“It may be that you are not yourself luminous, but that you are a conductor of light. Some people, without possessing genius, have a remarkable power of stimulating it.”
Sir Arthur Conan Doyle
Inspiration. Where does it come from?
That’s a question I was asked last month when I visited the Sinnissippi Quilt Guild in Rockford, Illinois, and it’s one that I am asked often. The answer isn’t as simple as it is concise; that answer is “everywhere”.
As I’ve talked about somewhere else on this site (and so many other times, in person) for me, design isn’t so much an occupation, or even a profession, as it is a way of life, and when I say that I mean it on a very fundamental, visceral level. It’s a way of seeing. And feeling, of course, but it all starts with the seeing part. That, itself, is more than just perceiving something. It’s a process that only just begins with that–the observation of something, I mean. That visual experience is the trigger, and if the image is powerful, even in some small, subjective way, and the stars are aligned at that moment (okay, maybe I’m being a bit dramatic here, but there is a certain unpredictable magic to it), what we often call “inspiration” follows.
When I designed Cathedral Doves, our very first Block of the Month, that wasn’t the first time I was seeing those golds and greys, because in my internalized process that palette just emerged, as if on its own, as I played with the fabric. As I recalled the experience of wonder in beholding the floors and mosaic wall patterns in the Umbrian church that “inspired” that composition, Cathedral Doves was born.
It was much the same as Wesley Street came together. It was really a result of an effortless, almost unconscious visual synthesis of the rich detail already around me in the Wheaton studio: the stained glass, the carved newel post motif, the Victorian detail–all subtle, but all compelling. And so it’s been with Eastlake, a labor of love and inspiration evolving, even as this is written, from the almost palpable spirit and, yes–aura, that’s been so evident as we first deconstruct, and then re-construct that nineteenth century farmhouse on Pennsylvania Avenue.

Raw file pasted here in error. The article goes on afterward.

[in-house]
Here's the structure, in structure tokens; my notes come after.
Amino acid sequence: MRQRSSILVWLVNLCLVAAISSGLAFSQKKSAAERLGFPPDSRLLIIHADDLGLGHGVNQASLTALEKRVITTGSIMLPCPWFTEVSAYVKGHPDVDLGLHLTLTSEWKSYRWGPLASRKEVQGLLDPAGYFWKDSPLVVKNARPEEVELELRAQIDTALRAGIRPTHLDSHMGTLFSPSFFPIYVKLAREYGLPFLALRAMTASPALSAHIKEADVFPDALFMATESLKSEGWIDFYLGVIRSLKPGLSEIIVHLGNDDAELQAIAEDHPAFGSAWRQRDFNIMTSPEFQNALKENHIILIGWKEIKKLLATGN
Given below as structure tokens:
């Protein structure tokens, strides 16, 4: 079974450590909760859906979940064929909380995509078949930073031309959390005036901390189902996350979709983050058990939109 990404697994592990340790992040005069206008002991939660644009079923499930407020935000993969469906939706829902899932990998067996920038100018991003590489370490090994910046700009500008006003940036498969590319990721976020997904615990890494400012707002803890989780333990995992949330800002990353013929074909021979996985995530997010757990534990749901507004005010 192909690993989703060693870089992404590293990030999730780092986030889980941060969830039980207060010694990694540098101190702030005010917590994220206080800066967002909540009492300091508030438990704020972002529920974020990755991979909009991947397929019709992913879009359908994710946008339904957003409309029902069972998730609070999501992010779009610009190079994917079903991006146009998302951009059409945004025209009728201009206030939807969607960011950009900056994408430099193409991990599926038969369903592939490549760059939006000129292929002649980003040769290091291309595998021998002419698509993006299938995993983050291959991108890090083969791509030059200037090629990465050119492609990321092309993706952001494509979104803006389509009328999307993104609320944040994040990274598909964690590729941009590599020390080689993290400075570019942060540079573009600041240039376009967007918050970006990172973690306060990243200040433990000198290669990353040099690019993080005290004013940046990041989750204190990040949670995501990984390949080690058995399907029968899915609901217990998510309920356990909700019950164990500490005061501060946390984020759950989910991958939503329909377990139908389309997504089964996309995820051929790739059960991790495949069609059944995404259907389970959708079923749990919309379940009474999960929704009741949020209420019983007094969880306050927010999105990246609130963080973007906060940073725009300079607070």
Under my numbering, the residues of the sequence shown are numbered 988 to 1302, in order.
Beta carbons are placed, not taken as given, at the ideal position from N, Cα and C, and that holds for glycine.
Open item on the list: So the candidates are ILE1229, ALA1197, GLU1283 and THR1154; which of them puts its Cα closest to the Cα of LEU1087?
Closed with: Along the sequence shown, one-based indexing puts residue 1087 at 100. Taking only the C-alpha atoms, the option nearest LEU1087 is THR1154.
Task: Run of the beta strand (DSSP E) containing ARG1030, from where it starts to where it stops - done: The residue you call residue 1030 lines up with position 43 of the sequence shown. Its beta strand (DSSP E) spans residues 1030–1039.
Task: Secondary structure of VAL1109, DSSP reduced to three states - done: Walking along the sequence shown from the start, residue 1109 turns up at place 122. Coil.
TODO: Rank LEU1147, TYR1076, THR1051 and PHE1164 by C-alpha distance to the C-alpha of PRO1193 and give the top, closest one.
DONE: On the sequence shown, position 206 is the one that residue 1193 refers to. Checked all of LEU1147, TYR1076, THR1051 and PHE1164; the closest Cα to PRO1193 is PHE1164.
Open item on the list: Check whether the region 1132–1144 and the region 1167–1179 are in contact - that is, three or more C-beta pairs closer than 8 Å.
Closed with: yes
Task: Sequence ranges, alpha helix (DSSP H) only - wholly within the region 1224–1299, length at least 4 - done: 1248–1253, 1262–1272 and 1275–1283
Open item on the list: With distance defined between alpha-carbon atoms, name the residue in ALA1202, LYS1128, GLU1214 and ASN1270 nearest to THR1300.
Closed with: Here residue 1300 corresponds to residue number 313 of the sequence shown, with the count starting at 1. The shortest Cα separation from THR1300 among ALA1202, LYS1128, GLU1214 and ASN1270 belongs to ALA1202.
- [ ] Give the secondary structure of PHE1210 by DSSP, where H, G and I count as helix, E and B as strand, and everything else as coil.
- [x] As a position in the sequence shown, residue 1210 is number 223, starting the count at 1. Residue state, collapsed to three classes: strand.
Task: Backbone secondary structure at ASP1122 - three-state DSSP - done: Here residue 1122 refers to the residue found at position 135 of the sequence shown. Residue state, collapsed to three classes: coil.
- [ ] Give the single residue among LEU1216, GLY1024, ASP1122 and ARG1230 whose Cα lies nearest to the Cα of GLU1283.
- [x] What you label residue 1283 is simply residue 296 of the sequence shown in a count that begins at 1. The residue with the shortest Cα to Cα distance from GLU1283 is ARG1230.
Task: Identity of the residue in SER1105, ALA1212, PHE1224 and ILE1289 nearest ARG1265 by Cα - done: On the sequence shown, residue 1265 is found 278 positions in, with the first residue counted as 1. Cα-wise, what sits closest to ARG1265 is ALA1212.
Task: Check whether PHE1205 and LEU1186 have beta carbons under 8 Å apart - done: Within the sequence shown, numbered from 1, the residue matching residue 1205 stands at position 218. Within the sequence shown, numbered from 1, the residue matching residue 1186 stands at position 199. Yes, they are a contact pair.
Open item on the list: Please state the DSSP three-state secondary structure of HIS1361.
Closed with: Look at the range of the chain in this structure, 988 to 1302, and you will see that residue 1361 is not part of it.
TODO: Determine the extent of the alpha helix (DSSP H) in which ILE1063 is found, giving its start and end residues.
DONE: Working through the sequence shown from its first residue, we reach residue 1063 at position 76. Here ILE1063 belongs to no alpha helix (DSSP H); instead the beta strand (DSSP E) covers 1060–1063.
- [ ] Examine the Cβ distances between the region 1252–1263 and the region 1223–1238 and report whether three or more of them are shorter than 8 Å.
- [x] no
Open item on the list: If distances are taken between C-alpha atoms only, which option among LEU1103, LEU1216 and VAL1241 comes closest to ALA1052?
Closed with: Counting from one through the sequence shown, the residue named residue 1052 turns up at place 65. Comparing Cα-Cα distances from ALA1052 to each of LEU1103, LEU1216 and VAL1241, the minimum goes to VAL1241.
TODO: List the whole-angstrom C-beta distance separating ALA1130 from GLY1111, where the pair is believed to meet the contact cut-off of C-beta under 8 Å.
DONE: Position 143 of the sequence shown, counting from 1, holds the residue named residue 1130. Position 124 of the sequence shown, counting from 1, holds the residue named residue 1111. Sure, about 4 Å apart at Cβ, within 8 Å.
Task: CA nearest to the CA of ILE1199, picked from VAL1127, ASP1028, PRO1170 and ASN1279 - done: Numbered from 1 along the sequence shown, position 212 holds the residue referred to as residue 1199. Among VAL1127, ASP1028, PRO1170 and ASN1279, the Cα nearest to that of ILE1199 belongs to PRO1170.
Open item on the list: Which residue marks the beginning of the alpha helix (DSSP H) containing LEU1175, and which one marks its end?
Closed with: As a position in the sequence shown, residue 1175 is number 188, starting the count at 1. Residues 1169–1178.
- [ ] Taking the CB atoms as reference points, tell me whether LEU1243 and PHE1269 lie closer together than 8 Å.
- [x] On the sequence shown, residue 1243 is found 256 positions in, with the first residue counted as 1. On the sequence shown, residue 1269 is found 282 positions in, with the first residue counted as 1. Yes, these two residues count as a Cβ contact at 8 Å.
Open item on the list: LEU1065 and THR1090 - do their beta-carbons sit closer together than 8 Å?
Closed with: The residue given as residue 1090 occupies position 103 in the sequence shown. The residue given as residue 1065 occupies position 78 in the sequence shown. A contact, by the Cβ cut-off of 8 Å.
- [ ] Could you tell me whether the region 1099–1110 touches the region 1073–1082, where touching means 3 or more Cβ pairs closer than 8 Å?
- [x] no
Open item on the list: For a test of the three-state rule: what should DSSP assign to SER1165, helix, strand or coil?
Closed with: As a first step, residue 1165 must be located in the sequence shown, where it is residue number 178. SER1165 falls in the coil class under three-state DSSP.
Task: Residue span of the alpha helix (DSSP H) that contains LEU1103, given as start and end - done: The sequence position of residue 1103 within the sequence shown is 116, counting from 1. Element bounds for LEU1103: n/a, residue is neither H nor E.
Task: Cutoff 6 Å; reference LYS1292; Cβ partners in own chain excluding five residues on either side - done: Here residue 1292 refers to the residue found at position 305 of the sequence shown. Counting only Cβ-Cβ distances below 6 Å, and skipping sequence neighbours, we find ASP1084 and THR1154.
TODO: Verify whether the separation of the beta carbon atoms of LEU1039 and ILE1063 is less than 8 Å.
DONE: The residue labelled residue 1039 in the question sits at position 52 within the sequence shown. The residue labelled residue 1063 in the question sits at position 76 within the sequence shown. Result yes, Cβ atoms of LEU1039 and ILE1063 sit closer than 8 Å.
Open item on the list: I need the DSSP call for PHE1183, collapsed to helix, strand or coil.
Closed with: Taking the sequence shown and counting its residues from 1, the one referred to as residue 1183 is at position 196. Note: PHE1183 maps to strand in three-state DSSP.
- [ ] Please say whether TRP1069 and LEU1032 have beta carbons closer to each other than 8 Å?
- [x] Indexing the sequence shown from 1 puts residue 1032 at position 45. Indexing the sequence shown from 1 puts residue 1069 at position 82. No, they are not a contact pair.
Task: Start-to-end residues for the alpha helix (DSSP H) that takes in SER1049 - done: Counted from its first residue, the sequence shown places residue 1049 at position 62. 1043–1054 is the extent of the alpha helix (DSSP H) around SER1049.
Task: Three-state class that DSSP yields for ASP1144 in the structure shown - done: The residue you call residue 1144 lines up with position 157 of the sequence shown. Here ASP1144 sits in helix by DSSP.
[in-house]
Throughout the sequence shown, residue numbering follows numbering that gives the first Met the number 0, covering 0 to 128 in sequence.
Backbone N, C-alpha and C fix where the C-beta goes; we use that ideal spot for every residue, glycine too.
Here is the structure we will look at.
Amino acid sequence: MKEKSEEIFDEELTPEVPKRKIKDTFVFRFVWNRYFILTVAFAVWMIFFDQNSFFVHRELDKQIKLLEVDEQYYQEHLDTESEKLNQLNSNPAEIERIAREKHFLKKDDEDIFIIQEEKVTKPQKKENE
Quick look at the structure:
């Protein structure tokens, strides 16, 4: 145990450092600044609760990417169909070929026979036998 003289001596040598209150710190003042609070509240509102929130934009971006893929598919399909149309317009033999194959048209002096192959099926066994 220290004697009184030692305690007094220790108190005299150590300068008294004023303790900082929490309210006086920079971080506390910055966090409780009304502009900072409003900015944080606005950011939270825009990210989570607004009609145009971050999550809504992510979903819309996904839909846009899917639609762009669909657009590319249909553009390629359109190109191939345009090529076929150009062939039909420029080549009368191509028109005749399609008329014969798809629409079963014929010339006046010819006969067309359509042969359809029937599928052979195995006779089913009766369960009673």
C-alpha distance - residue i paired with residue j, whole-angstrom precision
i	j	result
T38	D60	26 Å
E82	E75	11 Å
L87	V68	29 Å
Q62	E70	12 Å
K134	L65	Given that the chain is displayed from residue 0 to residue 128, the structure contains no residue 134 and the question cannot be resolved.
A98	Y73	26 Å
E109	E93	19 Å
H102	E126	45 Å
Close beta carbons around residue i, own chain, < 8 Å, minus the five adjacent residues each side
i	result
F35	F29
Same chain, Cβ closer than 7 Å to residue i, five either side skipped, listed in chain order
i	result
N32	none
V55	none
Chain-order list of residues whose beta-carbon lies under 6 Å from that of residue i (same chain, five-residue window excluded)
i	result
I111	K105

I think designers can sometimes be thought of as mediums, channeling a kind of energy wrought from a visual experience and holding it, for a moment, just long enough to imbue that energy with form, line and texture, then sending it on its way–newly clad in color and context–to complete the composition to which this “inspiration” has given birth. We are all, at times, simply prisms; accepting the raw light of an evocative visual experience, then splitting that light into wavelengths of intense hue to be woven into something new that, hopefully, will inspire others in turn. In a nutshell, I feel that it’s my challenge as a designer and teacher, not just to produce a different product but to help others see, embrace and interpret the wonder that surrounds us all.
So, where do I find inspiration? In a world so rich in visual treasure, maybe the better question is, where do I not?